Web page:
The U.S. economy will probably fall into a recession as the Federal Reserve combats multidecade-high inflation, Randal Quarles, the Fed’s former vice chair for supervision, said.
“Given the intensity of inflation, the degree to which unemployment has been driven down — to bring that back into an equilibrium, it’s unlikely the Fed is going to be able to manage that to a soft landing,” he said on the IntraFi Network’s Banking with Interest podcast. “The effect is likely to be a recession.”
Quarles, who left the Fed in December after his term as vice chair had expired, also suggested that the central bank would have acted earlier to try to rein in inflation but for uncertainty over President Joe Biden’s decisions on its leadership.
“Had clarity been provided, I think the Fed would have acted earlier,” Quarles said. But Biden “didn’t do that for a number of months,” he said.
Biden in November tapped Chair Jerome Powell for a second term. Powell the following month rejected the idea that he had held off on a hawkish policy tilt until Biden’s announcement.
Powell and his colleagues on Wednesday are expected to raise interest rates by 50 basis points and signal that further increases are in store.
Quarles, who is now chairman of asset manager Cynosure Group, said it wouldn’t take much of an increase in rates to have a big impact on the economy given the amount of debt that has been built up in the U.S.
“For an economy that has accustomed itself to interest rates as low as they have been for as long as they have been, it doesn’t take a very large nominal increase in interest rates to be a very significant percentage of debt service for a number of heavily indebted actors,” he said. “The effect on the economy could be fairly strong.”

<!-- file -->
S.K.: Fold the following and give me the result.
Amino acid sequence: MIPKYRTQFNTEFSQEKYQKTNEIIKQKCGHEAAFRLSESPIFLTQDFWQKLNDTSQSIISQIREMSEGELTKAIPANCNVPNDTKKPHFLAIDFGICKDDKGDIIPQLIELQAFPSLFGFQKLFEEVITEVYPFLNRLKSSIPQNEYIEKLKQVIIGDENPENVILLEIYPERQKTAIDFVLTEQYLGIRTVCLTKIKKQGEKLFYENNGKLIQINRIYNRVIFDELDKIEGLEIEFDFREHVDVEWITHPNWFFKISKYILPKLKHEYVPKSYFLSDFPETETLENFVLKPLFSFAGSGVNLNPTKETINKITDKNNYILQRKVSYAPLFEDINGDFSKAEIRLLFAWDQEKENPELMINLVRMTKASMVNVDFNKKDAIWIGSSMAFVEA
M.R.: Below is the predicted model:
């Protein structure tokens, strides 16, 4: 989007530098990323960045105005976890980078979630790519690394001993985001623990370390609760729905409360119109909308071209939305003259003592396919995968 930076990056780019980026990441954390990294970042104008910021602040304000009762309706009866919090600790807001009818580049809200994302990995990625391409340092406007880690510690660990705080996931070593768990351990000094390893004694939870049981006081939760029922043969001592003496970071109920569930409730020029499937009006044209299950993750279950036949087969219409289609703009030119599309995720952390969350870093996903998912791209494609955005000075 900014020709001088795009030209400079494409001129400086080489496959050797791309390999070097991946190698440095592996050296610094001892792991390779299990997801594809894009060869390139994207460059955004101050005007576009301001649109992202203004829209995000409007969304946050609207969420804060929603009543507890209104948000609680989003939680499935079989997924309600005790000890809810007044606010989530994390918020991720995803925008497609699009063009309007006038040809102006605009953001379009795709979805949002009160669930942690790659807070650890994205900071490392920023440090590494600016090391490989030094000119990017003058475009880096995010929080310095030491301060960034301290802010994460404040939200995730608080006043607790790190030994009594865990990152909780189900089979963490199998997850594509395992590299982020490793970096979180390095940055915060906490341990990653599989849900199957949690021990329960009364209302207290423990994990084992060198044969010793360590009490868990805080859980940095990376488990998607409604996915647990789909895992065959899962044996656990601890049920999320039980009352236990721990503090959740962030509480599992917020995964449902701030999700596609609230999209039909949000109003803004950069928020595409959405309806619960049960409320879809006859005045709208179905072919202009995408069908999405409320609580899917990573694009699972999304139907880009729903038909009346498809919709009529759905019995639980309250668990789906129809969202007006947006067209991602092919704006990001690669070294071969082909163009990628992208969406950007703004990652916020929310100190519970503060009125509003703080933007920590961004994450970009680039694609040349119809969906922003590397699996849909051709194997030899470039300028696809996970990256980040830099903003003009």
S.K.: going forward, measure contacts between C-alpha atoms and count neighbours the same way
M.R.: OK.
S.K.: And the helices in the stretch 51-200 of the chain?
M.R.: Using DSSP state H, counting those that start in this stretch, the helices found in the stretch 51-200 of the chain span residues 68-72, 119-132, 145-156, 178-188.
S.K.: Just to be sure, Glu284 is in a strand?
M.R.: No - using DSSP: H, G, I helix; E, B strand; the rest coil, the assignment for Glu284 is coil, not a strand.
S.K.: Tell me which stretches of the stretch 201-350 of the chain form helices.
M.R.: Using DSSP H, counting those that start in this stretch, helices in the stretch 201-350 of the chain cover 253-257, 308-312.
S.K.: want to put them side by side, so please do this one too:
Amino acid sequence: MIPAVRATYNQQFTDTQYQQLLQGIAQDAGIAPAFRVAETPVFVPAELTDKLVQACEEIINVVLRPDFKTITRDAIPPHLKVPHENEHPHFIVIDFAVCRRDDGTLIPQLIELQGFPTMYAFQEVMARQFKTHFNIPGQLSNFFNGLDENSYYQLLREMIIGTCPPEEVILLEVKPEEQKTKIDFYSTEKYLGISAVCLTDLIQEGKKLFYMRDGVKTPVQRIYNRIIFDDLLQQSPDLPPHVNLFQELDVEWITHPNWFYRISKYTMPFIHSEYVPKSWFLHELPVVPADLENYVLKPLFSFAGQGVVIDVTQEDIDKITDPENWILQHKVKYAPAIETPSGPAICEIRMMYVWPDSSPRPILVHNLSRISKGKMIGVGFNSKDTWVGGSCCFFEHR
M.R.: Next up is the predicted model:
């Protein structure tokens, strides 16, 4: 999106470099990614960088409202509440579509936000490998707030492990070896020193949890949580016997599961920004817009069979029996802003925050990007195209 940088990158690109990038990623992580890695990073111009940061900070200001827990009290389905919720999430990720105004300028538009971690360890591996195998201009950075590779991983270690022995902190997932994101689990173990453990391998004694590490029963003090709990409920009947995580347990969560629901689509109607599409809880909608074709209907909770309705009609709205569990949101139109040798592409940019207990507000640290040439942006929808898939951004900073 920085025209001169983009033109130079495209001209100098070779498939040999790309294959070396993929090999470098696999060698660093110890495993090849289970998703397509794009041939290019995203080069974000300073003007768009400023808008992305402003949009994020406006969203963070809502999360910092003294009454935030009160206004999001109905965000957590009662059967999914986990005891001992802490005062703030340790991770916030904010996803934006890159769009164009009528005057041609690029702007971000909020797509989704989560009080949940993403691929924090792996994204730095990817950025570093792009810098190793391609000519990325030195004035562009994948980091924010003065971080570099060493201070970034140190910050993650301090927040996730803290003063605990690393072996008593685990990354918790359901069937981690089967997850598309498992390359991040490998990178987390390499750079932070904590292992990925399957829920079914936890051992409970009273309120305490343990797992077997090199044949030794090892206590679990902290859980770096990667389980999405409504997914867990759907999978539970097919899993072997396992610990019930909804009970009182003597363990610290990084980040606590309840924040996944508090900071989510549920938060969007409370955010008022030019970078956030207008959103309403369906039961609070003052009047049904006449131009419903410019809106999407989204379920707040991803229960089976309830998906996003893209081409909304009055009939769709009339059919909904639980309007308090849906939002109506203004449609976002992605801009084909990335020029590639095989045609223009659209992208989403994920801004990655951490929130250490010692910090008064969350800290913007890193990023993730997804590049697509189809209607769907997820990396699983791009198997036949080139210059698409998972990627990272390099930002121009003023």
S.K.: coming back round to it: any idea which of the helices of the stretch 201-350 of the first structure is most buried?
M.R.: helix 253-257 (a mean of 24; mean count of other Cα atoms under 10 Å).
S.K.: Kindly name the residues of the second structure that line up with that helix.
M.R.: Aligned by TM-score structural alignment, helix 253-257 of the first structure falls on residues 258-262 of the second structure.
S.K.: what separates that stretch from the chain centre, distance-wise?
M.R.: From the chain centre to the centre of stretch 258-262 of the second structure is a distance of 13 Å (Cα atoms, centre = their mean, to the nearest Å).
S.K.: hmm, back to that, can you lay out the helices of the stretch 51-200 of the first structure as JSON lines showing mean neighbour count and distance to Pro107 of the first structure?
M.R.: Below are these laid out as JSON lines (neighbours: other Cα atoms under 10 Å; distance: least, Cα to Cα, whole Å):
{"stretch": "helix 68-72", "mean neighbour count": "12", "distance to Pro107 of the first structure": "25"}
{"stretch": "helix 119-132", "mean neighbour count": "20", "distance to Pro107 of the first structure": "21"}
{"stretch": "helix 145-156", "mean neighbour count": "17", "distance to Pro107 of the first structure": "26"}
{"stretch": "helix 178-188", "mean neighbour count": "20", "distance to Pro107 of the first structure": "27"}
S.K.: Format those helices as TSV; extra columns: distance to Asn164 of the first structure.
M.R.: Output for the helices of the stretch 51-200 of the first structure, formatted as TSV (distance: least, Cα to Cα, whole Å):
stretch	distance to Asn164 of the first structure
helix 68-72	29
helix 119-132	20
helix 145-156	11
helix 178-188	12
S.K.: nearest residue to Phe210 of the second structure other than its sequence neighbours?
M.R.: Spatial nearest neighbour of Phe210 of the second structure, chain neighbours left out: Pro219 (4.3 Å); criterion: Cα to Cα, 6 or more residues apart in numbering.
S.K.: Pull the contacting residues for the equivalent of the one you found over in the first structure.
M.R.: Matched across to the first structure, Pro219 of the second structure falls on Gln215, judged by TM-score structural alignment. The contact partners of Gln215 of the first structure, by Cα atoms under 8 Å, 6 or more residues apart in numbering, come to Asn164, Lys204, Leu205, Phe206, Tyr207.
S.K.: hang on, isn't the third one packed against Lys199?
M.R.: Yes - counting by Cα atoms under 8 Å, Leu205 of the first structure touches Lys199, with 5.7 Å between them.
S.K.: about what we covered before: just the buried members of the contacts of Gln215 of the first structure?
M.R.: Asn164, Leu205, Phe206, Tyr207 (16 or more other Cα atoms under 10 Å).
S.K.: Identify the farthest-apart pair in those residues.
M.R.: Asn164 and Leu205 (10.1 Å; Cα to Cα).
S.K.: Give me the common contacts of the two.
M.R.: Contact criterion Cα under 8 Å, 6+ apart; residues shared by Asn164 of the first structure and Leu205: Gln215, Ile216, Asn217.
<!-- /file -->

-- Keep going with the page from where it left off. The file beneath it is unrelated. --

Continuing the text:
Powell, by contrast, in March told U.S. lawmakers that “it’s more likely than not that we can achieve what we call a soft landing, and they’re far more common in our history than is generally understood.”
Quarles said it was “pretty clear” by last September that inflation was largely being driven by an excess of demand that the Fed needed to address.
“We would have been better served to start getting on top of it in September,” Quarles said. “That was hard to do until there was clarity as to what the leadership going forward of the Fed was going to be.”
In the event, the Fed kept interest rates pegged near zero until March of this year, when it raised them by a quarter percentage point. It also ended its quantitative easing program around that time.
Quarles voiced confidence that the central bank would succeed in getting inflation under control. “The Fed will get on top of inflation,” he said.
The Fed’s preferred price measure rose 6.6% in March from a year earlier, more than three times the central bank’s 2% goal.